After 24 hours of dancing, students raised $1,510,036.39 for pediatric cancer research and patients during this year’s BuckeyeThon. This amount comes just shy of $200,000 more than the previous year.
The event is the culmination of a year’s worth of philanthropy efforts by students and community members alike. Many spectators were reduced to tears as the number 5 was held up, proving they had reached their goal.
All $1.5 million raised will go to Nationwide Children’s Hospital to aid research and services for kids fighting cancer, as well as those being treated on the hematology and oncology floors of the hospital.
Hannah Staats, a third-year in biology and director of marketing and communications for BuckeyeThon, said this year the team expanded upon the theme “Every kid deserves to be a Buckeye.”
“We tried to really make it a tagline and then tell our stories of whether people who are Buckeyes and what that means to them or the kids and why they want to be a Buckeye,” Staats said. “So really taking that statement and making it personal to every single group we interact with.”
The fundraising goals have also developed along with the event. In 2015, the goal was to break $1 million dollars raised which was surpassed when $1,231,290.11 was raised. Last year, the event raised another $100,00 on top of that at $1,338,872.37. This year’s goal was about $1.5 million, but Staats said the real goal is larger.
“The goal is always to just make more miracles and do what we can,” she said.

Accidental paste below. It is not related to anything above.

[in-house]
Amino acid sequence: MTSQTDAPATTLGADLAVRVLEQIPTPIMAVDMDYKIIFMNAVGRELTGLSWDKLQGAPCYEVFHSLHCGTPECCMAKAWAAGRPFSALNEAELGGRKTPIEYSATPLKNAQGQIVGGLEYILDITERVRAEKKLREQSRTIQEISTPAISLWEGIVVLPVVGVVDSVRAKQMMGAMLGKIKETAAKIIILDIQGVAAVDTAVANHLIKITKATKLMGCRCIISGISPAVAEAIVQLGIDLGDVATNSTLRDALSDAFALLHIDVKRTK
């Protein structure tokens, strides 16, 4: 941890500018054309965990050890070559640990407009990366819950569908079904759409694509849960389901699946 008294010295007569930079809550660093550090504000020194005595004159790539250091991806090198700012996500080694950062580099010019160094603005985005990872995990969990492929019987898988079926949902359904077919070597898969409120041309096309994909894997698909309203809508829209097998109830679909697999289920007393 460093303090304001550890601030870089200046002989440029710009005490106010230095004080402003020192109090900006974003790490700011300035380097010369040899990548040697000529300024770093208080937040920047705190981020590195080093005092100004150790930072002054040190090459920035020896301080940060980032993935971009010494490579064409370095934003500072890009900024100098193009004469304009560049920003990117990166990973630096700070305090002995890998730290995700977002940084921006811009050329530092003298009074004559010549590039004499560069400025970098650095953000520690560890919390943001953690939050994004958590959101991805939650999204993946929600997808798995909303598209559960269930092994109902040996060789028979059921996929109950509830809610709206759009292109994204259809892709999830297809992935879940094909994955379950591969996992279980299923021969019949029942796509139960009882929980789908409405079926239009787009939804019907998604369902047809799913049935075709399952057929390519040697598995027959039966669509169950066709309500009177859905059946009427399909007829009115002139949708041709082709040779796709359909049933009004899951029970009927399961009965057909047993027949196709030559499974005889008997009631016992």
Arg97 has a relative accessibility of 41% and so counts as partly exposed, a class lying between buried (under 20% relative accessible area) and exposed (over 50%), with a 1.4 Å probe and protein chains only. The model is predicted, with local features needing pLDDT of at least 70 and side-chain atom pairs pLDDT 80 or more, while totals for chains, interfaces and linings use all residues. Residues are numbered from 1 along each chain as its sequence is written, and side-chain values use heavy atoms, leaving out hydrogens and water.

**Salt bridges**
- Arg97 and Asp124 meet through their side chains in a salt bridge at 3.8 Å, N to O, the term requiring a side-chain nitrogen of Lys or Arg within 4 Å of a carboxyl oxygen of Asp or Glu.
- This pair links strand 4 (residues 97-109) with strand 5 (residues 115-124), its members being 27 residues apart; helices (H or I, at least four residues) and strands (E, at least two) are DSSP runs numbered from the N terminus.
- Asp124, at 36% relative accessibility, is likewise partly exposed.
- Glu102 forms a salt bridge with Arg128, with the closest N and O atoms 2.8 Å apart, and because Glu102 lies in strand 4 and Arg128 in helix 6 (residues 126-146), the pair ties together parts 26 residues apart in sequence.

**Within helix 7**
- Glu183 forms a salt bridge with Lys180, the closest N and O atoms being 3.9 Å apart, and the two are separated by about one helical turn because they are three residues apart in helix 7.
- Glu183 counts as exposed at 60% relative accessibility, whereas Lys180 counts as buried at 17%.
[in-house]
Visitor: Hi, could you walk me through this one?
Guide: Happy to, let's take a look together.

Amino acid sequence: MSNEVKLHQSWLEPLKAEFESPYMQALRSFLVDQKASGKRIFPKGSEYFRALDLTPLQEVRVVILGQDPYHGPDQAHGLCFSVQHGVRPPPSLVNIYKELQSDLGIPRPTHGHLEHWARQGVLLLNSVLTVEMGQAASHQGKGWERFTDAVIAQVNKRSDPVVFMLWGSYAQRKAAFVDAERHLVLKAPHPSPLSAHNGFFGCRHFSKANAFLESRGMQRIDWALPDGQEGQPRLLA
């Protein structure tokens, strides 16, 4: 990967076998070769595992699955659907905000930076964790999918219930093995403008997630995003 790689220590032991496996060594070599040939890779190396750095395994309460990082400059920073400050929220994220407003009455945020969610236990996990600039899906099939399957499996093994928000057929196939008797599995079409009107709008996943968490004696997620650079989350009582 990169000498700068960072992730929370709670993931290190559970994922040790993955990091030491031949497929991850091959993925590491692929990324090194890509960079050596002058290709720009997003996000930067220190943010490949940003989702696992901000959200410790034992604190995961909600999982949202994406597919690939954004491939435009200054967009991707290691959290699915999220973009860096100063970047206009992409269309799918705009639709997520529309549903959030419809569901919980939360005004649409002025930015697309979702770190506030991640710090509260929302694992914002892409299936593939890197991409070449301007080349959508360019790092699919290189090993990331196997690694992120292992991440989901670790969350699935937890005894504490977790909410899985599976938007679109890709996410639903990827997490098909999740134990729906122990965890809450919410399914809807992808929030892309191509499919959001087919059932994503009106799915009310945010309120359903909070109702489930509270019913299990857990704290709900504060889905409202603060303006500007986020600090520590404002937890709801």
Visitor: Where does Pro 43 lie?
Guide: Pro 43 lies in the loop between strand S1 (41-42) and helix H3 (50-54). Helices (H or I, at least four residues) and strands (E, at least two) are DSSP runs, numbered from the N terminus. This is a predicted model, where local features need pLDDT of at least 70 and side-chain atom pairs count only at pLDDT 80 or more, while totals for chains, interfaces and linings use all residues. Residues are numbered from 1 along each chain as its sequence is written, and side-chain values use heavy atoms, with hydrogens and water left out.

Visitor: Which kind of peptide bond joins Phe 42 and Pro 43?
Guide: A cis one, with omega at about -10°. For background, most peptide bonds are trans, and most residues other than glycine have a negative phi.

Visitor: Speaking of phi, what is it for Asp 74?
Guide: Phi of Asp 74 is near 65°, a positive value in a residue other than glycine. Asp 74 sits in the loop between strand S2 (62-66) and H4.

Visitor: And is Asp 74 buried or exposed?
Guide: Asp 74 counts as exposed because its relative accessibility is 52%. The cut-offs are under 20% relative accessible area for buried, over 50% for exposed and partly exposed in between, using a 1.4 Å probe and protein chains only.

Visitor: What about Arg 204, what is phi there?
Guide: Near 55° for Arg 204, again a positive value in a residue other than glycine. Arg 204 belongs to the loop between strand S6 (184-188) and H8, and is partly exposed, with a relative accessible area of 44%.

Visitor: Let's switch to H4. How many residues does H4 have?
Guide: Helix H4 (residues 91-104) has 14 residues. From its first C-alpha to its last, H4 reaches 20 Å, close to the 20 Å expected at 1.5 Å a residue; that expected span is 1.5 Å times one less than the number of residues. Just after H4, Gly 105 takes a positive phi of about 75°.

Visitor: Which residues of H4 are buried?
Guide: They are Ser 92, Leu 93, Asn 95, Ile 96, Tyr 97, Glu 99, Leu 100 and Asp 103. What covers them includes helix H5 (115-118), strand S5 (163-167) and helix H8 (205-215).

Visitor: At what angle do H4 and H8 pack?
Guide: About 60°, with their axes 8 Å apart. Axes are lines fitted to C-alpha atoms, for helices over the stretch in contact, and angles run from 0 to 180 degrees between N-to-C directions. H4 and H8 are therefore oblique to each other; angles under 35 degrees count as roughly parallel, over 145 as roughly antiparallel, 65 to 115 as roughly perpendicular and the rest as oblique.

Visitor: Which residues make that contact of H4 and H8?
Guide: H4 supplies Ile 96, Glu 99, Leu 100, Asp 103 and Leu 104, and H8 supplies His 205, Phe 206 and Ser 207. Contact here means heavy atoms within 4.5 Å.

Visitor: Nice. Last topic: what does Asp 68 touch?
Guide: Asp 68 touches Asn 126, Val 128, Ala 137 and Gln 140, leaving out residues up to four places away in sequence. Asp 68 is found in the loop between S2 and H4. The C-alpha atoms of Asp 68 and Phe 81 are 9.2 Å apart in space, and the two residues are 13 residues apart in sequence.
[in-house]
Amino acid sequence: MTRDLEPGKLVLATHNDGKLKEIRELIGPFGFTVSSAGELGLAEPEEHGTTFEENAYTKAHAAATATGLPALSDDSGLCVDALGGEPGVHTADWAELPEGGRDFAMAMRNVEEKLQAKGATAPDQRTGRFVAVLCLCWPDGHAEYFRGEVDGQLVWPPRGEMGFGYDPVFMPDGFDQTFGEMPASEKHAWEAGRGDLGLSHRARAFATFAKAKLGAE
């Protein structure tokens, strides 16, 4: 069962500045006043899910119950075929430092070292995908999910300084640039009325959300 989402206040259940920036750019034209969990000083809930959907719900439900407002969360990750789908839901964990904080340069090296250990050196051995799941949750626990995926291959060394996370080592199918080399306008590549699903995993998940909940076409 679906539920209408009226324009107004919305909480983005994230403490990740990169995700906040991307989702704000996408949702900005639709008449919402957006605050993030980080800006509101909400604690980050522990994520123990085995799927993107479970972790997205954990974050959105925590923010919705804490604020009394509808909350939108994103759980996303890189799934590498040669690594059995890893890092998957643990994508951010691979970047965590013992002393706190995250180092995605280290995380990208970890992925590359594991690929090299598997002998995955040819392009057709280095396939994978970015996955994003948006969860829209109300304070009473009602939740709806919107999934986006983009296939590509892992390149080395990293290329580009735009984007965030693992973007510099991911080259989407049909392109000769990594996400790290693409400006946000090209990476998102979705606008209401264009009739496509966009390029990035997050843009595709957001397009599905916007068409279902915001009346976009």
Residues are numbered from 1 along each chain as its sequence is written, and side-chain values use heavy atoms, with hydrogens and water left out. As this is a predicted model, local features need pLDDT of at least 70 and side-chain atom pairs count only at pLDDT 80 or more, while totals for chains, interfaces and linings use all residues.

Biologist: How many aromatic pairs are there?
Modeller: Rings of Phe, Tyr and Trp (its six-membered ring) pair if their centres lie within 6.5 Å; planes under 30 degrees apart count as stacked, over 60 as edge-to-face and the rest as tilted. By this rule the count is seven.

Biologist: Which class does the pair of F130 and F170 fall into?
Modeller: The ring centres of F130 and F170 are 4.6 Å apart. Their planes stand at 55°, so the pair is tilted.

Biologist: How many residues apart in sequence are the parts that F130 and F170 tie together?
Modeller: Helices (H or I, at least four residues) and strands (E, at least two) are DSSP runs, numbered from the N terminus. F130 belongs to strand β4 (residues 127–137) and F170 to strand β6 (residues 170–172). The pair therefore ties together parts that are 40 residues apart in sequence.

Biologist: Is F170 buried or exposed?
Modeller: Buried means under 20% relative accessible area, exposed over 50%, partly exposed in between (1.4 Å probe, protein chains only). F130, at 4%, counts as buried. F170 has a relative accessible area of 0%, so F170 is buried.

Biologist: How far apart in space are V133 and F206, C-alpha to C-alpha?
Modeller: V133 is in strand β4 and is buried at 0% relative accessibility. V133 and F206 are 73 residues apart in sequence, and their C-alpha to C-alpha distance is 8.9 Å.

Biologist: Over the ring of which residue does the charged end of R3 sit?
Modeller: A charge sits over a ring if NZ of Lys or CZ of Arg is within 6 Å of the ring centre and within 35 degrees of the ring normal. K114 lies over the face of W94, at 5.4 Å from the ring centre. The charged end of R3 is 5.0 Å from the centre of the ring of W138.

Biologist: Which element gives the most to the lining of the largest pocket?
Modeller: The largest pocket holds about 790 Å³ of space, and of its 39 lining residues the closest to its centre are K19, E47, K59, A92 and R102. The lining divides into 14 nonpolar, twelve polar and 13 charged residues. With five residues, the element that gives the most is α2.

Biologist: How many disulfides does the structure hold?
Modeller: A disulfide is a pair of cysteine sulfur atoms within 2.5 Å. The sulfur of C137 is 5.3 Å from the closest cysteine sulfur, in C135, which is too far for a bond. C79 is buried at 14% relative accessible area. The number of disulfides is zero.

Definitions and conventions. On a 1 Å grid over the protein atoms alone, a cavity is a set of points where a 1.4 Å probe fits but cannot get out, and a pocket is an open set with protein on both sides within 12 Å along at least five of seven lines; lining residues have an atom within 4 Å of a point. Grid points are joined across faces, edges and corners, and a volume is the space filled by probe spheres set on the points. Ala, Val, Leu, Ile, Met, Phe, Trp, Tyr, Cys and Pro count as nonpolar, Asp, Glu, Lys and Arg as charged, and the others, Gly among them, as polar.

Students had the option of attending the night shift from 7 p.m. Friday night until 7 a.m. Saturday morning, or the day shift from Saturday 10 a.m until 10 p.m. Besides dancing, students were encouraged to participate in activities such as life size Hungry Hungry Hippos and human foosball.
Yellow team captain Brianna Rosen, a fourth-year in animal science, has been a part of BuckeyeThon for the past three years.
“I chose to participate in BuckeyeThon as a sort of thank you to Nationwide Children’s Hospital because they treated my brother when he suffered from SIDS and it’s the best way I can think about giving back,” she said.
She said her favorite part of the marathon is the energy.
“Everyone around you is just as passionate as you are for this fantastic cause,” Rosen said.
Rachel Doan, the mother of cancer survivor Luke Doan, thanked the students for all their hard work.
“You guys are a tsunami for cancer,” she said in a speech.
Another survivor, 19-year-old Emma Davis, compared the students’ exhaustion with the exhaustion of a cancer patient.
“What you guys are doing right now, is very much parallel to the fight that every single cancer patient goes through,” she said.